Uncertainty as Iran-Backed Militia Group Hijacks ‘Israeli Ship’ With Dozens of People on Board

No fewer than 52 people have been taken hostage following the hijacking of an Israeli-owned cargo ship by an Iran-backed militia group.

The incident is a sequel to the Houthis – based in Yemen – that vowed they would target all ships owned by Israel or flying their flag in the Red Sea.

Israeli officials confirmed the rebels had taken over the ship that is partially owned by one of their companies, according to Axios.

However, the IDF went on to deny the ship was Israeli.

The exact ownership of ships is often difficult to discern due to various different companies owning stakes in or leasing the vessels.

Various media outlets have repovariousowned by Israeli shipping businessman Rami Ungar.

The nationality of the crew remains unknown – but Israel has insisted they have no nationals on board the ship.

Galaxy Leader reportedly had not reported its position to ship tracking services for 26 hours.

The Bahamas-flagged vessel is believed to have been in the Red Sea when it was attacked by the Houthis.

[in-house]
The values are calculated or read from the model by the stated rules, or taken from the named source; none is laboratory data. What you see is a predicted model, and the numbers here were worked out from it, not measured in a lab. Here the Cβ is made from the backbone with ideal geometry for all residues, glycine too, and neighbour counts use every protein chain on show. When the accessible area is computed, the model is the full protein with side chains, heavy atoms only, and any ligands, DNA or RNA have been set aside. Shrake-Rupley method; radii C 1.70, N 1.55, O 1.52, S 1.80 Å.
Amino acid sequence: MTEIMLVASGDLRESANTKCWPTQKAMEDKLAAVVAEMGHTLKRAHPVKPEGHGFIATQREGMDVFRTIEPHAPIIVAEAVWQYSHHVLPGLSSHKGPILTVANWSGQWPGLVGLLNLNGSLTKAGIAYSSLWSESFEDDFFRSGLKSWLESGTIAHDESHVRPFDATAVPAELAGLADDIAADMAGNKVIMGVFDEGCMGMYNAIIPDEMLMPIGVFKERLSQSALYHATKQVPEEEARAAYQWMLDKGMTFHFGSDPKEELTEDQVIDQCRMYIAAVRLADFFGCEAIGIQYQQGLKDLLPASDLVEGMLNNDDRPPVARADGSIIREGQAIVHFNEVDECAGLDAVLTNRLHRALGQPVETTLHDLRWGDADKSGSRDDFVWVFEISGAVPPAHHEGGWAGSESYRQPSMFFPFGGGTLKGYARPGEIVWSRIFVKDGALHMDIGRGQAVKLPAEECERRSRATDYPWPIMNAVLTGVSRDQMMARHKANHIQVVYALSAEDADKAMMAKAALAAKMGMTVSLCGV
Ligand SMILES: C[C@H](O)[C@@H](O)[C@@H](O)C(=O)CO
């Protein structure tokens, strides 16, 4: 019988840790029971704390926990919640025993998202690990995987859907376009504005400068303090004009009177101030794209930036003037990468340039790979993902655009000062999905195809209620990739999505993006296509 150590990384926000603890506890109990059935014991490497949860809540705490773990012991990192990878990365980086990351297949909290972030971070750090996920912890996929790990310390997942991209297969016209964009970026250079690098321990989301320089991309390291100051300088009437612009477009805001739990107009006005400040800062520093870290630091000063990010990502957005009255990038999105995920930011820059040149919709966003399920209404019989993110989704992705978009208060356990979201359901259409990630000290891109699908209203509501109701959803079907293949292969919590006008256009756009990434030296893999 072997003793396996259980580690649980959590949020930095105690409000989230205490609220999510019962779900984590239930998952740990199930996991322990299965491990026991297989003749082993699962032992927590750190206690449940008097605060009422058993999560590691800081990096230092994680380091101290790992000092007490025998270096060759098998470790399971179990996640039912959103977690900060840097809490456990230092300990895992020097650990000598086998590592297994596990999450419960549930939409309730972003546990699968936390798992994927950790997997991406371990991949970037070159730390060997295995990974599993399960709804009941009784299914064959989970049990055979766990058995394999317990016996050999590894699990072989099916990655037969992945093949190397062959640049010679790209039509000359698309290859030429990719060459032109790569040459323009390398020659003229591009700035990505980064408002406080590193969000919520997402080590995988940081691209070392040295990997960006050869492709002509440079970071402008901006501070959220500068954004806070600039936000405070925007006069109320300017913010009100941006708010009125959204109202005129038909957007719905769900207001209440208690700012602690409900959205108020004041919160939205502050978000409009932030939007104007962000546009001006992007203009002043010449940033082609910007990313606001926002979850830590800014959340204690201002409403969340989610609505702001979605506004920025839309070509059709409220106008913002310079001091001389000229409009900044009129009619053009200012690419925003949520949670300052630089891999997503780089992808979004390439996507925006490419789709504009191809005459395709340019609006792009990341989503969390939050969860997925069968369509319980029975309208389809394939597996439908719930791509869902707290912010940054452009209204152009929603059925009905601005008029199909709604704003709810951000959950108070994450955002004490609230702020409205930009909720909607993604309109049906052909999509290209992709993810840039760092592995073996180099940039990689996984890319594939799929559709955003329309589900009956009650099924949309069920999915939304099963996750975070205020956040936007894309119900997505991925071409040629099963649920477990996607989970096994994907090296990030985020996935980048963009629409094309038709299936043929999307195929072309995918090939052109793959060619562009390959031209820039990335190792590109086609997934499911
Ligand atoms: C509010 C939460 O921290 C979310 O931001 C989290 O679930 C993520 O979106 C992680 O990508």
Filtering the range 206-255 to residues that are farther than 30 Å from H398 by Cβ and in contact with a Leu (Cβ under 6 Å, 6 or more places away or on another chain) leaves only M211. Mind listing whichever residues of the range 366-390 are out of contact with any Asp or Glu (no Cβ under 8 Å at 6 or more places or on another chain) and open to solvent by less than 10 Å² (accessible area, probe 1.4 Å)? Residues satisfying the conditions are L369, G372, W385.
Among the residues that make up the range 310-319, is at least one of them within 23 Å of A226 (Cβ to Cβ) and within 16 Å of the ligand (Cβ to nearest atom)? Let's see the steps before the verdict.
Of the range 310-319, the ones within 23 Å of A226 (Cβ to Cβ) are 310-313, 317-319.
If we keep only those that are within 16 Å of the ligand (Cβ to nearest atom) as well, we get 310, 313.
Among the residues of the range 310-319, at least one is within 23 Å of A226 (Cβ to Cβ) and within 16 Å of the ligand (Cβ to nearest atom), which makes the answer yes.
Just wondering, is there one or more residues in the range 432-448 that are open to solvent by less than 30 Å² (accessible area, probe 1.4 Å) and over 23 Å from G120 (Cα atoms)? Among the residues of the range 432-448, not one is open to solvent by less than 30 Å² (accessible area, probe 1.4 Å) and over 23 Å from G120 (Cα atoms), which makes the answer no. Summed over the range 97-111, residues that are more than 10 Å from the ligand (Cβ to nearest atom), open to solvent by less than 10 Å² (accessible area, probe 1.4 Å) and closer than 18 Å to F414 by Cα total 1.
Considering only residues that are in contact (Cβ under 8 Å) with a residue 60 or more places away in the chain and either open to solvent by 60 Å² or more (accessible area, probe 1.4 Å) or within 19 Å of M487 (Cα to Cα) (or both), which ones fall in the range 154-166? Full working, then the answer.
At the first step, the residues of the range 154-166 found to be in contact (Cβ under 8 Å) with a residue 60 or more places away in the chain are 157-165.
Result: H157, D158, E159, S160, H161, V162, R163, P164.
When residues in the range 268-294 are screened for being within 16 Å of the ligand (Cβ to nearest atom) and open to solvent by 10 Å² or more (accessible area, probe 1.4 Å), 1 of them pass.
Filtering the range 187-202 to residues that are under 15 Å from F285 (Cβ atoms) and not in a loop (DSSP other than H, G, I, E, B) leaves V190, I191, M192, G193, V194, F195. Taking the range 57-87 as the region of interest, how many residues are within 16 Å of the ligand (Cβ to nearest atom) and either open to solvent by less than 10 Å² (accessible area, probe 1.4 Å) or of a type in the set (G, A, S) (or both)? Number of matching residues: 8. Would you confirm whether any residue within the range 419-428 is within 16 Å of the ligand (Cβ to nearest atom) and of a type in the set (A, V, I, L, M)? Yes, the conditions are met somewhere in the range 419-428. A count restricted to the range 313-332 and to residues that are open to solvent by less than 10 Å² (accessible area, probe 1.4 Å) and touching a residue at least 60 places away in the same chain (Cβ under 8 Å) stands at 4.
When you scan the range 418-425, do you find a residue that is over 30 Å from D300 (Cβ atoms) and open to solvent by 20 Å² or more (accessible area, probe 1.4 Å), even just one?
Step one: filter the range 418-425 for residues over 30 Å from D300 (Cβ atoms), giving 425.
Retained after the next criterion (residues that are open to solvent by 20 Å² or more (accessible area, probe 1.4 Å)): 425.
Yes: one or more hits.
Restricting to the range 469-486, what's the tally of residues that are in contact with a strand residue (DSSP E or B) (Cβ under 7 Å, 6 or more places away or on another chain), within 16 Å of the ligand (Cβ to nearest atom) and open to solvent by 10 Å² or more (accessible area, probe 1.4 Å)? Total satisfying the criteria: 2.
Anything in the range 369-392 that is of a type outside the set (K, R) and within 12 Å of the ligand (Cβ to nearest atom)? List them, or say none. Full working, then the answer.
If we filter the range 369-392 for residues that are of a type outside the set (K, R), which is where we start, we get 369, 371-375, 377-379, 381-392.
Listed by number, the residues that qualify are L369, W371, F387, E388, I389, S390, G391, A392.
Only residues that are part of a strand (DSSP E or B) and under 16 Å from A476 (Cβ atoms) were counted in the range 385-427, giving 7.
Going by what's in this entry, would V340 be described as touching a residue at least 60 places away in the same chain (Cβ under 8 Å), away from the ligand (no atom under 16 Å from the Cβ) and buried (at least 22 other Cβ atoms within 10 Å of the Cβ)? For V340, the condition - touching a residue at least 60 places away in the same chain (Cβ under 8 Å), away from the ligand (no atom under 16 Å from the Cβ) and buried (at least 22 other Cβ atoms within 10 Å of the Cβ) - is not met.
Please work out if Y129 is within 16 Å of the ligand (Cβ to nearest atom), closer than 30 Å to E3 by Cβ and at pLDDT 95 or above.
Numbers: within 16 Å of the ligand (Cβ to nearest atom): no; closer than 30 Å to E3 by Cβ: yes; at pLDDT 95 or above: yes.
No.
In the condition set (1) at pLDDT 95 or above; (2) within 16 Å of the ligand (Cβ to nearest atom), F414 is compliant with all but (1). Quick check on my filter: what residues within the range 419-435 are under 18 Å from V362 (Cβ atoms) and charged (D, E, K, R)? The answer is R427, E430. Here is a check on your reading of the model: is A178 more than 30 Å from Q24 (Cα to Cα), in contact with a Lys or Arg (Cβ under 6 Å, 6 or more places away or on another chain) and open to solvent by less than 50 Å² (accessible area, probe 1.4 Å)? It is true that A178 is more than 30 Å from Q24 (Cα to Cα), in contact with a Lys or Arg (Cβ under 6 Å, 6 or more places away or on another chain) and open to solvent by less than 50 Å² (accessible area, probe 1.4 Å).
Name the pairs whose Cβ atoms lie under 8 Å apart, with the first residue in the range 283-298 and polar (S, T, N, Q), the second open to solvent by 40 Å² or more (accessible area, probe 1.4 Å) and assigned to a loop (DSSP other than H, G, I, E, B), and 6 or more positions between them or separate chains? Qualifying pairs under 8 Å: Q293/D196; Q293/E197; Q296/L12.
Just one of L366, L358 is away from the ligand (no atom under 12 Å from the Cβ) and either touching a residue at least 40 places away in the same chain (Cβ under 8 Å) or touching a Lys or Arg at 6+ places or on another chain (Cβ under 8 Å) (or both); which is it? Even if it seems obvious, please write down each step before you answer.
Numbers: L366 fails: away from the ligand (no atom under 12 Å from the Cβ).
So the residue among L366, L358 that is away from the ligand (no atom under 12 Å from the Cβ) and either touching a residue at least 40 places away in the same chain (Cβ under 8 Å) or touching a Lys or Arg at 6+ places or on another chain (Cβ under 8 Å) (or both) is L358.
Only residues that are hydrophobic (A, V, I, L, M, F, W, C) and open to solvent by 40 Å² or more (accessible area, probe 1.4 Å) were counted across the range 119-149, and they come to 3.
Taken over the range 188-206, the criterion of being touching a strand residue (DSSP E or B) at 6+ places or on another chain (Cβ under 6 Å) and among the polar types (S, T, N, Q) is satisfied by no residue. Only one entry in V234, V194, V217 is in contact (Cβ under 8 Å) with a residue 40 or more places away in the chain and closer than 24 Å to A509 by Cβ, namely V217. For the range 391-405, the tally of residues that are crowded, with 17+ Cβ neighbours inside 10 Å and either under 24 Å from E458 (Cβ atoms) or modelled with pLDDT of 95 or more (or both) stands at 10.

Lebanon-based outlet Al Mayadeen reported there were 52 people on board the ship when it was seized.

Other reports stated the number of crew was 22.

Israeli military spokesman Daniel Hagari said: “The hijacking of the cargo ship by the Houthis near Yemen in the southern Red Sea is a very serious event on a global level.

“This is a ship that left Turkey on its way to India with an international civilian crew, without Israelis.”

But he insisted the ship was no Israeli.

Houthi leader Abdulmalik al-Houthi threatened to seize shipping in a rant last week.

He said: “Our eyes are open to constantly monitor and search for any Israeli ship in the Red Sea.”

The group’s spokesman said they would issue a statement in the coming hours after the reports of the hijacked ship.

The rebel group has master and drone attacks against Israel since the massacre by Hamas on October 7.

They control Yemen and its coast along the Red Sea.

It is widely believed they receive support from Iran – and often operate as one of its proxies.


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